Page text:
Capgemini News Blog

Capgemini News Blog

Opinions expressed on this blog reflect the writer’s views and not the position of the Capgemini Group

Capgemini’s first class freshers

The 18 Capgemini students who began studying at Aston University in April 2014 have just received their first examination results. They have achieved a fantastic performance, with the majority obtaining a first-class grade. Such good results are unprecedented at the university; suggesting that hands-on-experience combined with the grounding of an apprenticeship is a strong foundation for an academic degree.

Capgemini first ever cohort of higher apprentices graduate from their higher apprenticeship and step onto their degrees with Aston University

This is a great achievement by a talented group of students. They were originally recruited as part of our Higher Apprenticeship programme, before embarking onto a degree course.

Lance Doughty, Executive Sponsor for GAP, our Graduate Apprenticeship Programme, said: “The results achieved by the undergraduate students this semester is credit to the hard work and dedication that they have shown since starting the degree. It is fantastic to see how they have managed to perform in their project work, while also achieving such high academic results. It is validation that the support model in place meets the learning needs of the students both at Aston University and in the business.

Capgemini has worked with Aston University to create two bespoke degree programmes that allow graduated Higher Apprentices to achieve either BSc Business Information Systems or BSc Software Engineering across a three year period.

Greg Wolverson - Capgemini Apprentice - with Christine Hodgson, Capgemini UK Executive ChairmanGreg Wolverson (right, with Capgemini UK Chairman Christine Hodgson) is one of our first class students. He joined Capgemini through the Higher Apprenticeship (HA) programme in December 2011 after completing his A-levels. Once he achieved his Level 4 Apprenticeship he joined the BSc Software Development course at Aston University and now juggles his day-to-day work as a Software Engineer with his distance-learning studies.

Greg shared his story below so that other apprentices thinking about doing the degree can be aware of the opportunities and challenges that lie ahead.

Greg’s higher apprenticeship story
"Since starting my degree I’ve completed the first six-month block and passed all the modules. In terms of my career progression, I started out working on an internal mobile application, helping to prove Capgemini’s capability in cloud development with Heroku. This application was developed in Java and Spring and provided a solid platform for my development. From there I moved on to a public sector account as a Java developer, and since then I have been involved in several major software development releases. I am now leading the development of an online application rebuild.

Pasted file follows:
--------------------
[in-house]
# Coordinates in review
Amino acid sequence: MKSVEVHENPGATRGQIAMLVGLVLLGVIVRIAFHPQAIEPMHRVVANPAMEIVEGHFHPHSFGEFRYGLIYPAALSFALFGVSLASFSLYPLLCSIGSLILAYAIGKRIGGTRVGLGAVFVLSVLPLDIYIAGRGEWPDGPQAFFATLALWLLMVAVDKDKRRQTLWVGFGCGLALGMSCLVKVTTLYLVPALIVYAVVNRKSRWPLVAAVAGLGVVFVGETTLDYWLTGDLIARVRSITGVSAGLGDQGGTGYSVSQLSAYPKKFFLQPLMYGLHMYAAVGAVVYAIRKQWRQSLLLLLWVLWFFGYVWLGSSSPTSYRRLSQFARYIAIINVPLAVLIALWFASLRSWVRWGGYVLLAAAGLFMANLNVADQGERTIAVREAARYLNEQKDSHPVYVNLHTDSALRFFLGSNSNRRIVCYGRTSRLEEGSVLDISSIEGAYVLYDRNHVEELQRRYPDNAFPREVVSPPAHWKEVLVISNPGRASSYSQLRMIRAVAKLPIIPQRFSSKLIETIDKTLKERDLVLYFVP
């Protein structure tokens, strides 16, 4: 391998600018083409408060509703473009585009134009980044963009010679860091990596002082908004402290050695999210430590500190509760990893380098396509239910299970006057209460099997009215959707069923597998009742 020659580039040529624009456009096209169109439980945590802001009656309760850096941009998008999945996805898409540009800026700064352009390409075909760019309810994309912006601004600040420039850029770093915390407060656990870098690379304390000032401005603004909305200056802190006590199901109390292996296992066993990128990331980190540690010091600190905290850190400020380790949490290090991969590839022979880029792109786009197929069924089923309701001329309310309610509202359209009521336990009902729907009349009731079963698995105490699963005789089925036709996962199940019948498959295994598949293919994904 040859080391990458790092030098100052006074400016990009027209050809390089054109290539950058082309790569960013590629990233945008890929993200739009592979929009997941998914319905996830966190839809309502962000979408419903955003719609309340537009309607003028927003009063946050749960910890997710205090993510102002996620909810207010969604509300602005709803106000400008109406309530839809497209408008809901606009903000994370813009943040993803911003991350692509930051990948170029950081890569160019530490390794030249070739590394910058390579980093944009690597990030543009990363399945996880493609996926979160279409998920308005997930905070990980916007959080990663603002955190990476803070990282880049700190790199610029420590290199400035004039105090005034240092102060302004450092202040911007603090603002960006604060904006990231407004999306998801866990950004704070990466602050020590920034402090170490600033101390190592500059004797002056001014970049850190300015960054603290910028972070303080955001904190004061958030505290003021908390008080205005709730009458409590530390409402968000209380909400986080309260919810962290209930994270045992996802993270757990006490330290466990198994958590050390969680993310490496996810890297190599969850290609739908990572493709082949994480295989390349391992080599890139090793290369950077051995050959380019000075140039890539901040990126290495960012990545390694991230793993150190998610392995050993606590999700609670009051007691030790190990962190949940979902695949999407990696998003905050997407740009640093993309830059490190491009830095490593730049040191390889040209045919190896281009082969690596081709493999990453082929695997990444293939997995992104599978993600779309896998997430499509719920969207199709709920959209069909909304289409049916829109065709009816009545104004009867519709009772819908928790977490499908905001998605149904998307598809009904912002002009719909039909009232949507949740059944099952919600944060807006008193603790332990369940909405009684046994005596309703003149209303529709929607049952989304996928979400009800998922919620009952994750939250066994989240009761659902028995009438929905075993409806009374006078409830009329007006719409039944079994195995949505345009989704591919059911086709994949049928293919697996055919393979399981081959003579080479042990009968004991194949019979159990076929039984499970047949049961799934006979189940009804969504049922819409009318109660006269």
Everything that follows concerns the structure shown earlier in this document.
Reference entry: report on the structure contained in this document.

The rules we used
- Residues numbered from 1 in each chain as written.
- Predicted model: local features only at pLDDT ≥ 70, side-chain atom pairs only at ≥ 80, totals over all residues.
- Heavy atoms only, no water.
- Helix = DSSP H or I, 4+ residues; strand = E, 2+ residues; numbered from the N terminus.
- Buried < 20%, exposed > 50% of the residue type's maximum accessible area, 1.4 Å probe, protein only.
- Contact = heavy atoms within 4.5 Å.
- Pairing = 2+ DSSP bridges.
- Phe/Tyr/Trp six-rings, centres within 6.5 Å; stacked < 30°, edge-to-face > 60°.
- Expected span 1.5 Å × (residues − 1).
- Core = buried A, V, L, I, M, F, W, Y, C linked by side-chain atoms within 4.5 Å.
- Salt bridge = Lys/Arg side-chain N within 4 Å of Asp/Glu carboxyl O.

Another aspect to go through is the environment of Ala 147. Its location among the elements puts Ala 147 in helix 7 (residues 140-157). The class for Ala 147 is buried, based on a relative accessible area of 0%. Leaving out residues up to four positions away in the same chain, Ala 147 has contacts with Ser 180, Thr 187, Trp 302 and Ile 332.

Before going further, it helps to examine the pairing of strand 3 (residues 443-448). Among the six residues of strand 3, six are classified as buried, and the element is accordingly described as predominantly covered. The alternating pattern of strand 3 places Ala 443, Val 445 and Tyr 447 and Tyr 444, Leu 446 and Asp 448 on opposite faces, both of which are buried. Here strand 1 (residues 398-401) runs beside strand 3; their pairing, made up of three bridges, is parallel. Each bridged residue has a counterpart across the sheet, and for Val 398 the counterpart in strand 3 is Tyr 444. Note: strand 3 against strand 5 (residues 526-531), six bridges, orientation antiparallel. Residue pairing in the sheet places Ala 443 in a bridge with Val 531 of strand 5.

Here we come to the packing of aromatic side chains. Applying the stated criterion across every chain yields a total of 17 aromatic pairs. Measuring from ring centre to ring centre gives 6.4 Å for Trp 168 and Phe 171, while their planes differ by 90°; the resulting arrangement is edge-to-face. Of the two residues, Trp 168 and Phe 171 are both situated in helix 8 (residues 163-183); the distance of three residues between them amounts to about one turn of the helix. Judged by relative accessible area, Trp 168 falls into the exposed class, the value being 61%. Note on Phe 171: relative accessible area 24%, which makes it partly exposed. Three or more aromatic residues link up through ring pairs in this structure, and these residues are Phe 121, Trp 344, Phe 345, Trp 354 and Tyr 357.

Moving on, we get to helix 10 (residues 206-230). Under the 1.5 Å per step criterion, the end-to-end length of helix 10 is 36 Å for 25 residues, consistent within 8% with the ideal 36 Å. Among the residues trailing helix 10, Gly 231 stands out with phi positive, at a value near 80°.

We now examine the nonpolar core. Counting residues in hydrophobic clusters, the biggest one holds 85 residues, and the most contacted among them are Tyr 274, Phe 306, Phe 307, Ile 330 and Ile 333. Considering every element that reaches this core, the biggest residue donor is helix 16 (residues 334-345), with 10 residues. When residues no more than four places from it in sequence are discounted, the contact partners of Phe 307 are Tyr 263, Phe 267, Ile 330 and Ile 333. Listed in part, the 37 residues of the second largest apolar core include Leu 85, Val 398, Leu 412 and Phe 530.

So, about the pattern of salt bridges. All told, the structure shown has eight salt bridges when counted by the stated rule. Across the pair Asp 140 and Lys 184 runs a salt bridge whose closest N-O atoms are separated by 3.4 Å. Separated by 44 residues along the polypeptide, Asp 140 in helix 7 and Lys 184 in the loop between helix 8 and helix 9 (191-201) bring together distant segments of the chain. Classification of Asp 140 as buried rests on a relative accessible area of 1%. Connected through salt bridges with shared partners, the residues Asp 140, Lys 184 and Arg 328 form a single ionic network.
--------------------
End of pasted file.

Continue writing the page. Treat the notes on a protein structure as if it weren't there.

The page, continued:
"I have enjoyed the degree so far, and the distance learning aspect has been working much better than previous experiences with other courses. The level of learning is much higher than the apprenticeship, while still being achievable, it required us to think in more depth and learn new skills.

"The degree is mainly a computer science degree, with some tailored units specific to us. Because of this, you get to learn a lot of key concepts of computer science, which as a developer I’m able to bring across to my day-to-day work and which has improved my business performance.

"I took on the degree because I wanted the challenge of achieving a degree while working full-time, and I was keen to reap the benefits and rewards that achieving the degree will bring. It is important to note, however, that in order to be successful, you do need to be dedicated to learning as it requires personal time after work to attend lectures and complete assignments.

"I would advise apprentices thinking of doing the degree programme to make sure they use the support available to them from both the university and the business. The three years of the degree will go quickly, but it is a big commitment and they need to be aware that they’ll have to sacrifice some personal time in order to be successful. On the other hand, it’s a really good opportunity to progress their career and achieve a degree without having to pay out vast sums like normal students. In summary, it is hard work and will be a challenge but in my opinion the rewards and the outcome after three years' hard work outweighs those challenges by far."

Media coverage:

Read more about our apprentices' and graduates' experiences at the Capgemini Student Blog.

Our apprentices and graduates regularly share what they're doing via our Facebook page.

About the author

Dawn Elliott
Dawn Elliott
Dawn has a broad experience in web development, marketing and managing web projects and teams, and joined Capgemini in 1996. She has a passion for language and is currently perfecting her Portuguese fluency as well as trying to find spare time to study social science and psychology at the Open University.

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